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Programming in Dart: Fundamentals
Part 1: Fundamentals Meet Dartpad & Write Comments
— Flutter & Dart

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Meet Dartpad & Write Comments

This video was last updated on Apr 26 2022

Learn how to use Dartpad - an interactive tool for writing Dart code, then learning how comments work.

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The Dart programming language was written 2011 by Google as alternative way to write Javascript.

Javascript was too entrenched and thus the language didn’t catch on, but it was later repurposed to write native applications. This evolution made Dart into an just in time compiled language as well as ahead of time compiled language.

Well, what does that even mean? Well, when we write code, we write it in a specialized language that is designed to be compact and human readable. The computer doesn’t understand it. So we have a tool known as a compiler.

The compiler will read our code, and then translate it into instructions that the computer can understand and actually execute. Compiling can be a slow resource intensive process so often times, developer will compile the language into machine instructions and then hand off that binary.

When you download an app from the app store, that code has been compiled for you, so all you have to do is just run it. This is known as Ahead of Time compiling.

Now when you compile your program, you are compiling it for a specific CPU and platform. There’s actually another way to compile a program, and that’s compiling the code as the program is running otherwise known as Just In Time Compiling.

This makes for the code to be very fast, but since the target platform is doing the compiling itself, it allows you code to be platform independent. You may write your code to work on Windows, but by utilizing Just in Time compiling, your program can now run on Mac or Linux.

Most languages are either Ahead of Time compiled or Just in Time compiled.

Dart is special in that it is both. You can even write code in Dart that can be cross compiled into Javascript which can then be run in a browser. Conversely, you can compile your code into a binary. This is what allows us write mobile apps in Dart.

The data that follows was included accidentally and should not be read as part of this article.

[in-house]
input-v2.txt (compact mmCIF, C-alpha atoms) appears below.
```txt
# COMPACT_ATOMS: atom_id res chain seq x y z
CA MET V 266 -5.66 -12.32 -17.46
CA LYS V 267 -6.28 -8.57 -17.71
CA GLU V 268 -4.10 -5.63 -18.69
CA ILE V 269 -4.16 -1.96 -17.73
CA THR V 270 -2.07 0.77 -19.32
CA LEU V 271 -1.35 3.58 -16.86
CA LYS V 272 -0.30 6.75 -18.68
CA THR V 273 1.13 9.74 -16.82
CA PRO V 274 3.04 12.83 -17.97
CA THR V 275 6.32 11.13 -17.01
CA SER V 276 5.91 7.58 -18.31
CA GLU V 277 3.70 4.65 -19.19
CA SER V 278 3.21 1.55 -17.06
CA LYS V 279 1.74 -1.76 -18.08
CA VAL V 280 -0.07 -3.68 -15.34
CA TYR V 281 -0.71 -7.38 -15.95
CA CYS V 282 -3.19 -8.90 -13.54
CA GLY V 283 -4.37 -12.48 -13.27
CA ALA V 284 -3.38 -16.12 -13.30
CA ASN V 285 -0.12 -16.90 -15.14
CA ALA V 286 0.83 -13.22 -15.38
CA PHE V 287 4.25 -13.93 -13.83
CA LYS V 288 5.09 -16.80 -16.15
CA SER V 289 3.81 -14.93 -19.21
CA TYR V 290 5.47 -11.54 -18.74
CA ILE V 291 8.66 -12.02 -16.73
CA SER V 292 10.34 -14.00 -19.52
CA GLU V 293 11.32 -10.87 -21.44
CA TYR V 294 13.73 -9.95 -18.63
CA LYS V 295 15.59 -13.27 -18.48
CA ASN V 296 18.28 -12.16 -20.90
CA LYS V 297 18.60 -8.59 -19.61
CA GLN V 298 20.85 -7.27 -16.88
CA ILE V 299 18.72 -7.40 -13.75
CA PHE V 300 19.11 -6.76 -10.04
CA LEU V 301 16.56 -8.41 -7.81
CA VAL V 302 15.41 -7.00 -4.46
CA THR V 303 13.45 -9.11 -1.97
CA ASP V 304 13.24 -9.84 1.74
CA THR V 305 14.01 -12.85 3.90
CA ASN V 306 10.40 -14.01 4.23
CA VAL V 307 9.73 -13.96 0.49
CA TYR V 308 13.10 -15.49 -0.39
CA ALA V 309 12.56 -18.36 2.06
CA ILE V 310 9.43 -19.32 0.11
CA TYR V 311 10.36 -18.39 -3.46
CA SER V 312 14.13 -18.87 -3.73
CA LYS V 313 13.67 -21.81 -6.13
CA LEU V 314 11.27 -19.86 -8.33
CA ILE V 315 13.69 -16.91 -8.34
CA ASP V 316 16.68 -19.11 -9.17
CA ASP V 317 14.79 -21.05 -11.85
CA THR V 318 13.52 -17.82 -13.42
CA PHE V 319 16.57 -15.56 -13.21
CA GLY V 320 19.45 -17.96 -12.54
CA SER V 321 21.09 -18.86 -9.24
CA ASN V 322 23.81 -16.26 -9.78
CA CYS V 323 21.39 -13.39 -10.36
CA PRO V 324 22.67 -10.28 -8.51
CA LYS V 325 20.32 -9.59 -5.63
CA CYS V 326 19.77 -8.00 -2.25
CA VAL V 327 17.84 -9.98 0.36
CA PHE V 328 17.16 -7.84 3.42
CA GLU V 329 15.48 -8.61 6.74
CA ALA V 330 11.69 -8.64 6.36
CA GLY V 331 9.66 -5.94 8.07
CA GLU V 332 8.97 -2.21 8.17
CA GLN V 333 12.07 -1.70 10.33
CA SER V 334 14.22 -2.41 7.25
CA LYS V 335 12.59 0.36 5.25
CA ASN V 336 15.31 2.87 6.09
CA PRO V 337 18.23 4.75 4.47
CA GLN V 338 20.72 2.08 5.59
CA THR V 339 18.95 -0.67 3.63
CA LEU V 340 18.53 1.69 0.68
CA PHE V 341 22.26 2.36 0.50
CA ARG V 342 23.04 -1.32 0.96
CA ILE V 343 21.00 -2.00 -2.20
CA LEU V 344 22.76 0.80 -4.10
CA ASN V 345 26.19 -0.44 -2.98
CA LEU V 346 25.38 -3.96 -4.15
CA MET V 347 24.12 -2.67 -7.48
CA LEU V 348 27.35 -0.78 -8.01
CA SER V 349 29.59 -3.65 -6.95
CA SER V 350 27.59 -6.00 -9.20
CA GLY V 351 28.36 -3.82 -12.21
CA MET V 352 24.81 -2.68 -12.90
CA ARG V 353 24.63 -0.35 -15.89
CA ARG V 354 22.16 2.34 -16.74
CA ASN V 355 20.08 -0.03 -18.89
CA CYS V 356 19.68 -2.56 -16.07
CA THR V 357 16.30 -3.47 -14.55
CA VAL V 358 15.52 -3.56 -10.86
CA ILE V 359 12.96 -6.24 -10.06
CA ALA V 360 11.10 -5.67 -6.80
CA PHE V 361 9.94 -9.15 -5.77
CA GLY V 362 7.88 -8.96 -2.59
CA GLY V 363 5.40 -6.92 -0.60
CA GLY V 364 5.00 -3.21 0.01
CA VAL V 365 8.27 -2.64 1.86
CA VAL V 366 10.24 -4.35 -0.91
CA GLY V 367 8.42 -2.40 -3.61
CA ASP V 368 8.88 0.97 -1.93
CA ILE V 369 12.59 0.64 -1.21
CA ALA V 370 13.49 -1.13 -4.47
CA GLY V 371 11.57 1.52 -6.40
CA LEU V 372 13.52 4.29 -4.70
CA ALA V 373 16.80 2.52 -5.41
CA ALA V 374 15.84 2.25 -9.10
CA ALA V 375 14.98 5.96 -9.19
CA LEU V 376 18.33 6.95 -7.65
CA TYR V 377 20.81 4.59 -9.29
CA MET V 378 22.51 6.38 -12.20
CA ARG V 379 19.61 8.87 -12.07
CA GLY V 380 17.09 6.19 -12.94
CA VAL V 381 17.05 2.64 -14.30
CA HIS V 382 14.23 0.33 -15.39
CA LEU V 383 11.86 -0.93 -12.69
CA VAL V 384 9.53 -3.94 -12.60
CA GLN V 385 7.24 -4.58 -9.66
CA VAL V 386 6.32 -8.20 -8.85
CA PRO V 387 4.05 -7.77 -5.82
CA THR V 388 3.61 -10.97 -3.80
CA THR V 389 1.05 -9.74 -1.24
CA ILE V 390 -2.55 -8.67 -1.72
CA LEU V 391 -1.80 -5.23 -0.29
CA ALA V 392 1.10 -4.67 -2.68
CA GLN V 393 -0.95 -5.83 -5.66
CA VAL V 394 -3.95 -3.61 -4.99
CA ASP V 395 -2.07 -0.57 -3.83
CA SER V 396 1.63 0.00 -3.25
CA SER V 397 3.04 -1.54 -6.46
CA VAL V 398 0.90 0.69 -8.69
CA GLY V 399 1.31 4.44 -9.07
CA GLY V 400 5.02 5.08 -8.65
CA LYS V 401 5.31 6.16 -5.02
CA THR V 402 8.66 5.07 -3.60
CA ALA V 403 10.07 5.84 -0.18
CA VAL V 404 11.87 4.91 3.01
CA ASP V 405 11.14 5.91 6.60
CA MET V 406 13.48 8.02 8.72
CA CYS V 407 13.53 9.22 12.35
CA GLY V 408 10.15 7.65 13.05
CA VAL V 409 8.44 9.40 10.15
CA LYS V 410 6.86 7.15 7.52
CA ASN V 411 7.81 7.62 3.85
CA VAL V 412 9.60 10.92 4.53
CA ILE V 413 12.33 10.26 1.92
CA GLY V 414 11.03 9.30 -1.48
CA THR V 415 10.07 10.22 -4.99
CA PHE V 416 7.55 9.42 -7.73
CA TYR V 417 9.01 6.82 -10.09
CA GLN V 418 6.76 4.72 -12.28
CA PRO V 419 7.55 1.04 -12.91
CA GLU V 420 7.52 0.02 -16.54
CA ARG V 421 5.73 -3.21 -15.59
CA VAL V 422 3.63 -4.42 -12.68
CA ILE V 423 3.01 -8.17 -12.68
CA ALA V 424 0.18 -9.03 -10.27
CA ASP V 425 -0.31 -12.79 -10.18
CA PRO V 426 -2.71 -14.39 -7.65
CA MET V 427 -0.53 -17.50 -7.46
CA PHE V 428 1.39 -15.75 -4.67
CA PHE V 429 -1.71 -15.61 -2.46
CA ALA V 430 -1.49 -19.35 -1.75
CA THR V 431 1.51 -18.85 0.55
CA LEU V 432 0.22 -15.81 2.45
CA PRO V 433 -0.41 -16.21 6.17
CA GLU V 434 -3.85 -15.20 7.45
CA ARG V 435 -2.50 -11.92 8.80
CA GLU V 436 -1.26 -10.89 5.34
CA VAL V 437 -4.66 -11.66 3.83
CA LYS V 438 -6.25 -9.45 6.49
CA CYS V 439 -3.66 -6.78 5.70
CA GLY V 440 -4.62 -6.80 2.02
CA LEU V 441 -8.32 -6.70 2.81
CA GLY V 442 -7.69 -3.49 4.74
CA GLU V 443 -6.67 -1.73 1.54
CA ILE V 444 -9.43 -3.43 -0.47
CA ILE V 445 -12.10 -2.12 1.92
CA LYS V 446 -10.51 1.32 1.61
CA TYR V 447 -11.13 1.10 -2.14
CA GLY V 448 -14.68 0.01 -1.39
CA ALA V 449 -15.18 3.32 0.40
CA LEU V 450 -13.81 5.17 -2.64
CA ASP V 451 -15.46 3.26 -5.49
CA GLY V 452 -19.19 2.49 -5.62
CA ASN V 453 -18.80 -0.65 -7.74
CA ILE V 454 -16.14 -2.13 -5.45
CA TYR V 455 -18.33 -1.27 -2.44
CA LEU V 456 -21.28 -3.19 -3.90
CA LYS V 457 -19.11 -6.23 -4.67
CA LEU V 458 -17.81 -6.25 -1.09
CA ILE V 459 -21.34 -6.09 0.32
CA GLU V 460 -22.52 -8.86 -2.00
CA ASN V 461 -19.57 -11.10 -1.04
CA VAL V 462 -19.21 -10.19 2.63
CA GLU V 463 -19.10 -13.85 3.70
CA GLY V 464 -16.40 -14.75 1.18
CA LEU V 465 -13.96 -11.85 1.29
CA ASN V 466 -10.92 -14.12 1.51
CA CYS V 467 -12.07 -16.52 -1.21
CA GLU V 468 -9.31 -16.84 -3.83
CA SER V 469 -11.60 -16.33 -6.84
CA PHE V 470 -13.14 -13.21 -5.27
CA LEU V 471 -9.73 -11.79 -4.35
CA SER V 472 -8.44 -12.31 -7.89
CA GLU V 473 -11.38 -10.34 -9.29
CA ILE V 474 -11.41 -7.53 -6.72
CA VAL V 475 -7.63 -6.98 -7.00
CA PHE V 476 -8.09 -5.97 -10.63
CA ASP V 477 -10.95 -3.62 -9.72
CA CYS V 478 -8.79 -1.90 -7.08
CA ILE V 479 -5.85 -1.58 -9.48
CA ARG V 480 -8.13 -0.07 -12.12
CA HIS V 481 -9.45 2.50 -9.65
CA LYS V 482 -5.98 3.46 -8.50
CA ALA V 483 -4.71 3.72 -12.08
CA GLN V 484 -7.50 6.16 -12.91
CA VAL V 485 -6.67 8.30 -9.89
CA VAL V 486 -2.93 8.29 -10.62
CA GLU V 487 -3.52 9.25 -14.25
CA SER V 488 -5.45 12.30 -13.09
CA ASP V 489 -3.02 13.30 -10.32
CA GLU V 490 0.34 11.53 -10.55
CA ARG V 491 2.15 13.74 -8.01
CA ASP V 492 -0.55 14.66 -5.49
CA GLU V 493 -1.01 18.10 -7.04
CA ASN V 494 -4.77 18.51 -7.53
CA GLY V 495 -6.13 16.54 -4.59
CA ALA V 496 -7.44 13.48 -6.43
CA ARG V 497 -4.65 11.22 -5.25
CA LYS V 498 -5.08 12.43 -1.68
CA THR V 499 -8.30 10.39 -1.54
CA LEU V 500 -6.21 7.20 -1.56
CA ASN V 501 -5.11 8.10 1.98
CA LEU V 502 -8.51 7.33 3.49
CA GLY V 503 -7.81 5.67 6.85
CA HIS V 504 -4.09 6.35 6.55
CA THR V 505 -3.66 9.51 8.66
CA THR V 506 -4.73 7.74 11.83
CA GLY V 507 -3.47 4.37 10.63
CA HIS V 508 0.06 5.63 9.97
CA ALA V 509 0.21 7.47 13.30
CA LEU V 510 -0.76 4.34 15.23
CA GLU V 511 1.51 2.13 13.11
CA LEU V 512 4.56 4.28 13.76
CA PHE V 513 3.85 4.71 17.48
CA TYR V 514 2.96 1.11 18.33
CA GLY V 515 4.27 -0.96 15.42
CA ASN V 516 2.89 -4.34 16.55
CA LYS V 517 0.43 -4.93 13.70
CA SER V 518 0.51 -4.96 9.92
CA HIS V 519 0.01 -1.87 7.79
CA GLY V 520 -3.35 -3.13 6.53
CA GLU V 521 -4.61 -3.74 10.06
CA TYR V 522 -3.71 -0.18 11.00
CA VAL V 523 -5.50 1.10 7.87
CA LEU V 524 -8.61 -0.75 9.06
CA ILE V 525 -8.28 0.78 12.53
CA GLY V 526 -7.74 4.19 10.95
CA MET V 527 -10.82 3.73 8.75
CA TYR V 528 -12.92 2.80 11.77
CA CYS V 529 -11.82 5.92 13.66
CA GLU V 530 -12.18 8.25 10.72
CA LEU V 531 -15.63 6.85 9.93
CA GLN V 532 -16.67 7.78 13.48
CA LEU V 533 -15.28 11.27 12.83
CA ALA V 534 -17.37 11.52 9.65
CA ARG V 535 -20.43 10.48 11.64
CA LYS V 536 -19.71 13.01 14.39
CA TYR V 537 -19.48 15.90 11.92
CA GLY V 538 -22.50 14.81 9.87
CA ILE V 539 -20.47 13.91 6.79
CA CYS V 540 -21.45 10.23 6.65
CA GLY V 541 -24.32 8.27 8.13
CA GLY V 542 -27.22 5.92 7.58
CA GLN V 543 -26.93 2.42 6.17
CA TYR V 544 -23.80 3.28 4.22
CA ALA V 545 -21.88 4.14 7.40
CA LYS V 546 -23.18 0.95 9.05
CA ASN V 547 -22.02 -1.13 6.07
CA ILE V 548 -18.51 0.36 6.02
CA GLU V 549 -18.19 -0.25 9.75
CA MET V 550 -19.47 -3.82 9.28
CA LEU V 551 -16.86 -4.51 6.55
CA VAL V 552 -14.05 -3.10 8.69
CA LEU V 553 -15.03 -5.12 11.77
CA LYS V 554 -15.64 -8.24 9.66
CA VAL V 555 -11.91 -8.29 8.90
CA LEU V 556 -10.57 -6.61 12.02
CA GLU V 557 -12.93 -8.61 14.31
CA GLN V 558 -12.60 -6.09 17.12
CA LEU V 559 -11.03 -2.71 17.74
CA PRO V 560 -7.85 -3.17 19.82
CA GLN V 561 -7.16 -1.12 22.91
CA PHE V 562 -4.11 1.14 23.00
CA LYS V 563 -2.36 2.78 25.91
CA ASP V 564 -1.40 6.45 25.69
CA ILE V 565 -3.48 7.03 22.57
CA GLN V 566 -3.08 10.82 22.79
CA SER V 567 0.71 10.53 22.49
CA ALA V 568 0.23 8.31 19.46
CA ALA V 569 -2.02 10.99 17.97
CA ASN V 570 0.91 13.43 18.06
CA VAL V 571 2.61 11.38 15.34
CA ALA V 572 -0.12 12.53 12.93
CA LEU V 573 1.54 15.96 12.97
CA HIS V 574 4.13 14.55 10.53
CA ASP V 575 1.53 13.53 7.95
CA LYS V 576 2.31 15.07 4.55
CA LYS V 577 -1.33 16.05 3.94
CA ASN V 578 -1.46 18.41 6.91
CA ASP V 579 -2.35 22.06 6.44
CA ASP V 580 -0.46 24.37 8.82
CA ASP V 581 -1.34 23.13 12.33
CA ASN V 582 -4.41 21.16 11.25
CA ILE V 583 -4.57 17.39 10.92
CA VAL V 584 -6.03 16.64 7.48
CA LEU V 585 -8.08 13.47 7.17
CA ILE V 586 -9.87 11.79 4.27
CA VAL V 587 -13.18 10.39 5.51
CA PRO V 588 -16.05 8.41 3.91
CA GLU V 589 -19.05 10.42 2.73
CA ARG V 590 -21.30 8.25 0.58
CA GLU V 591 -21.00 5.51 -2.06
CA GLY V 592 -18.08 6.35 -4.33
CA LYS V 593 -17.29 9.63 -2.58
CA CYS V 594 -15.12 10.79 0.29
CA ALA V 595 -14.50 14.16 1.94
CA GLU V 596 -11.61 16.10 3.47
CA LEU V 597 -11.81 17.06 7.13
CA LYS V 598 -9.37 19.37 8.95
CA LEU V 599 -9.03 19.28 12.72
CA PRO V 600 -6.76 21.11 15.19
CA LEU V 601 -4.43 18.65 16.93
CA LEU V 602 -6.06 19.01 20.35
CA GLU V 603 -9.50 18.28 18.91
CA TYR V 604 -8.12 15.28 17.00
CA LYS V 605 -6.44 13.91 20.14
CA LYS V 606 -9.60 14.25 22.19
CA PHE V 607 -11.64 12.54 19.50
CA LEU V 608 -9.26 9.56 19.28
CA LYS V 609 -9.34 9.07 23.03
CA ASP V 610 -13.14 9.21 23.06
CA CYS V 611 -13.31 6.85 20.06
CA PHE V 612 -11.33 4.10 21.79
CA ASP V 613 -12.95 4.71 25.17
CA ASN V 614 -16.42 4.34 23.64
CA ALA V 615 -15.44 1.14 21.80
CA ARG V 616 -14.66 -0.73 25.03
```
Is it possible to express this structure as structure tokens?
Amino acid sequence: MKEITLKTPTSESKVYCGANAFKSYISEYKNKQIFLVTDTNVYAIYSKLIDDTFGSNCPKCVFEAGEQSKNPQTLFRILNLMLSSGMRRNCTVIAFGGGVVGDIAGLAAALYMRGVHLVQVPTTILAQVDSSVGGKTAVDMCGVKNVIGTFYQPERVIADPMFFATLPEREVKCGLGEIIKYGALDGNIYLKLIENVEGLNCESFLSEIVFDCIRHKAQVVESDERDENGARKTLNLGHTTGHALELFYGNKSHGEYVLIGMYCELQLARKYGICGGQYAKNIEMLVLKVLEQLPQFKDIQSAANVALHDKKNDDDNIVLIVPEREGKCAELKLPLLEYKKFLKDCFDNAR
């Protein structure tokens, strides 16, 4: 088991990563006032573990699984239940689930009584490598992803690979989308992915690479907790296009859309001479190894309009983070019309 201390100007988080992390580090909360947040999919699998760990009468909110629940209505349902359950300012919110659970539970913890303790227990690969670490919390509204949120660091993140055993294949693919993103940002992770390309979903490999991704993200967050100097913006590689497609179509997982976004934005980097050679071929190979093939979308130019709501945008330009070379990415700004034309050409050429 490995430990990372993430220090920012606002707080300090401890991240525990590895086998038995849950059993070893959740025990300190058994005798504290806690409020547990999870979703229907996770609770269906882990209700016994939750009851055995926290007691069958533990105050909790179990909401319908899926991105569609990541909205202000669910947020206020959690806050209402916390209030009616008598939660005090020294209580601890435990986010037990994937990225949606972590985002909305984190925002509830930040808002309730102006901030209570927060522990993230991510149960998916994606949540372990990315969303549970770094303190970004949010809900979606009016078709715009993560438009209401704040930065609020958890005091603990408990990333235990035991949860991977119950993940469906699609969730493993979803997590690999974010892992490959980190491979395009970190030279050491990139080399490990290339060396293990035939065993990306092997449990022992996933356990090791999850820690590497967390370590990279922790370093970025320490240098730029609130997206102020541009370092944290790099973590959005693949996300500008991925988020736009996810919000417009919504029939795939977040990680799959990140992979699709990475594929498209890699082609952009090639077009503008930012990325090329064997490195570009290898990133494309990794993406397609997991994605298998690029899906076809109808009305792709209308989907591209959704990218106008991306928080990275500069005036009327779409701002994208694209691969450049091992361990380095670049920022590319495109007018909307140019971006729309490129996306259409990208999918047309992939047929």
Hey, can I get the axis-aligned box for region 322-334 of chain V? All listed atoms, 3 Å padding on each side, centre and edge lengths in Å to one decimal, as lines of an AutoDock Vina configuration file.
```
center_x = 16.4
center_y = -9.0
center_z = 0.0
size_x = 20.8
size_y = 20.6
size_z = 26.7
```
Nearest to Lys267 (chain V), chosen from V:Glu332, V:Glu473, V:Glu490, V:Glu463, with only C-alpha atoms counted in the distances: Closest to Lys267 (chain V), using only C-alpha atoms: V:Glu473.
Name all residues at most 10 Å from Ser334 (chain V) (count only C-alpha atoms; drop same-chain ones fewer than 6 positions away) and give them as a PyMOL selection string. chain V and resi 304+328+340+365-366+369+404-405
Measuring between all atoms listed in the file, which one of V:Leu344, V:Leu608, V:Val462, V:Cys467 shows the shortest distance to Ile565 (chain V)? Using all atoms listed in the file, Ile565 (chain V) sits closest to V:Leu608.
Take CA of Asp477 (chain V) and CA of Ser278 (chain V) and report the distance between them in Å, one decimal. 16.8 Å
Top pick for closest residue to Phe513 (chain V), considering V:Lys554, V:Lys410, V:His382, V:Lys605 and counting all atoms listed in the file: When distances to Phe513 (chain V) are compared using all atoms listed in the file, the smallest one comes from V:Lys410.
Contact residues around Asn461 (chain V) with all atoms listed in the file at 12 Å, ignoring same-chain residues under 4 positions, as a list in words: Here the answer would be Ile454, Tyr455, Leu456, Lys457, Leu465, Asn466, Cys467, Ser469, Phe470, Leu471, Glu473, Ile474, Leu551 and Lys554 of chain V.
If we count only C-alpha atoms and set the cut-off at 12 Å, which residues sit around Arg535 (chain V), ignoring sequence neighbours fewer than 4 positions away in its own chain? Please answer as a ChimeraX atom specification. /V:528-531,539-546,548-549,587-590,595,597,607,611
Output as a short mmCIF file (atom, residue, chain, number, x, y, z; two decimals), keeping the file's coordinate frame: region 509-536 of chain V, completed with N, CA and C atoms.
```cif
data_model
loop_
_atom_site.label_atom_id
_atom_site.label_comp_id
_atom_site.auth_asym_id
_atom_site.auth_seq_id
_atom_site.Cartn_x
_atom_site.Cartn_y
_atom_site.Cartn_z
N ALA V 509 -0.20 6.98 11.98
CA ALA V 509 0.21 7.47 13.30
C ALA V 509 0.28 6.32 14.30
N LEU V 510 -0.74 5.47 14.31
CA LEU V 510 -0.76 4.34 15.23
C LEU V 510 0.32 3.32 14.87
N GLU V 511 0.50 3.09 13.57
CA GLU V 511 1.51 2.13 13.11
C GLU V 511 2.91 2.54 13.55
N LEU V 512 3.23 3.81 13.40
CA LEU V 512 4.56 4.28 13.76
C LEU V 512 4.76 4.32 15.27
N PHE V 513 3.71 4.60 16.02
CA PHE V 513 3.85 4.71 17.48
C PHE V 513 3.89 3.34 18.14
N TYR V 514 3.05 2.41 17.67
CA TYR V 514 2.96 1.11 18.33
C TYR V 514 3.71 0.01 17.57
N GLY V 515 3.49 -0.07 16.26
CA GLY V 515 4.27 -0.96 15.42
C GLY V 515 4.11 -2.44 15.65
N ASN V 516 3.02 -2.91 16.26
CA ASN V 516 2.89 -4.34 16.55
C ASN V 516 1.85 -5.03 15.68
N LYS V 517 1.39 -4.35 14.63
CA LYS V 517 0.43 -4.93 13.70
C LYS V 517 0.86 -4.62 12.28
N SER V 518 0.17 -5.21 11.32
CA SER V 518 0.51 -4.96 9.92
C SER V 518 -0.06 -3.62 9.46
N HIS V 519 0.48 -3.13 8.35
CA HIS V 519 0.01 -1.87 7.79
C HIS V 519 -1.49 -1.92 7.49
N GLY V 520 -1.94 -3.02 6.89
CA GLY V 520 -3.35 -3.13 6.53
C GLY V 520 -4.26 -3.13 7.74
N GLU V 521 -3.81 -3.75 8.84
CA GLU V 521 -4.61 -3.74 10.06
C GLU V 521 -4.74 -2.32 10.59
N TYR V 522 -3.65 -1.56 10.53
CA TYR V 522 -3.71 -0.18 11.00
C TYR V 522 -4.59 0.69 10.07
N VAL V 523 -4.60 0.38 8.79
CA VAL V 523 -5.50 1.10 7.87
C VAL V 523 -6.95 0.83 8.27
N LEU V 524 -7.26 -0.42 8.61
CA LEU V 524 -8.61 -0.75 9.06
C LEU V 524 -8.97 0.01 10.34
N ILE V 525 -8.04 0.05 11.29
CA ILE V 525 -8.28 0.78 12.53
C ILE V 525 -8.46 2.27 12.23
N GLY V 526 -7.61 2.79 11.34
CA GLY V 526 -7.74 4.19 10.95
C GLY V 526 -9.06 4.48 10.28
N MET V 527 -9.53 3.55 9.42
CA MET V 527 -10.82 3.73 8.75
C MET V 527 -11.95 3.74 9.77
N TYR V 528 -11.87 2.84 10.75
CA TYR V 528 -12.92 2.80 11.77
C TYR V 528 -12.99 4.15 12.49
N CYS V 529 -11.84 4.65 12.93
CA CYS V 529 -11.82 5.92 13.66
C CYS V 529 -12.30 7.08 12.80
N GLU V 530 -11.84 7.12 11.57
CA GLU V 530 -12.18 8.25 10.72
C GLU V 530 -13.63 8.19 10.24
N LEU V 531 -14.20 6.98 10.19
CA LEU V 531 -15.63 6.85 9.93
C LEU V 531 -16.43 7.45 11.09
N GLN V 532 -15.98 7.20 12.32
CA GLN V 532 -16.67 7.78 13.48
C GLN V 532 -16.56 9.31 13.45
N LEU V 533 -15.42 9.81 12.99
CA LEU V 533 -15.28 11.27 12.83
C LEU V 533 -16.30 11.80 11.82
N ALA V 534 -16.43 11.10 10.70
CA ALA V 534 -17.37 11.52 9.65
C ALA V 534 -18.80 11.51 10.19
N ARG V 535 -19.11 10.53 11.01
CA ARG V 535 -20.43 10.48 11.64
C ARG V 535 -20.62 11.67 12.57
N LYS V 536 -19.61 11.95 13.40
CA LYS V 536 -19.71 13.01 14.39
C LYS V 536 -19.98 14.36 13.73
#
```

Why is this important? Because we can write Dart in a tool called DartPad. This allows us to actually write Dart code in a browser and see the results in realtime. This is also what allows us to write Flutter code and instantly see the results. Dart is an incredibly flexible language so let’s put it to work.

Open up your browser and head on over to dartpad.dev. You’ll see a very simple editor with some dart code already written in it. The left pane allows us to write code. The right hand pane gives us both our console and documentation. Press the run button.

It’ll take a moment, but you’ll see the results print out in the console. You can also read documentation about certain commands. Click the print command. You’ll see the documentation appear in the documentation pane along with a link to the official documentation.

Dartpad isn’t just for text. Click the Samples dropdown and select the implicit animations option. Now follow the instructions. Click a disk and you’ll see them animate. The code is on left hand side. It should look a little familiar. That’s because it is flutter code. This makes for an excellent tool to test and play around with Flutter.

Now, click the New Pad option. Choose Dart as the language and click Create. Okay. We are back where we started. First delete everything in the main function so it looks empty.

void main() {

}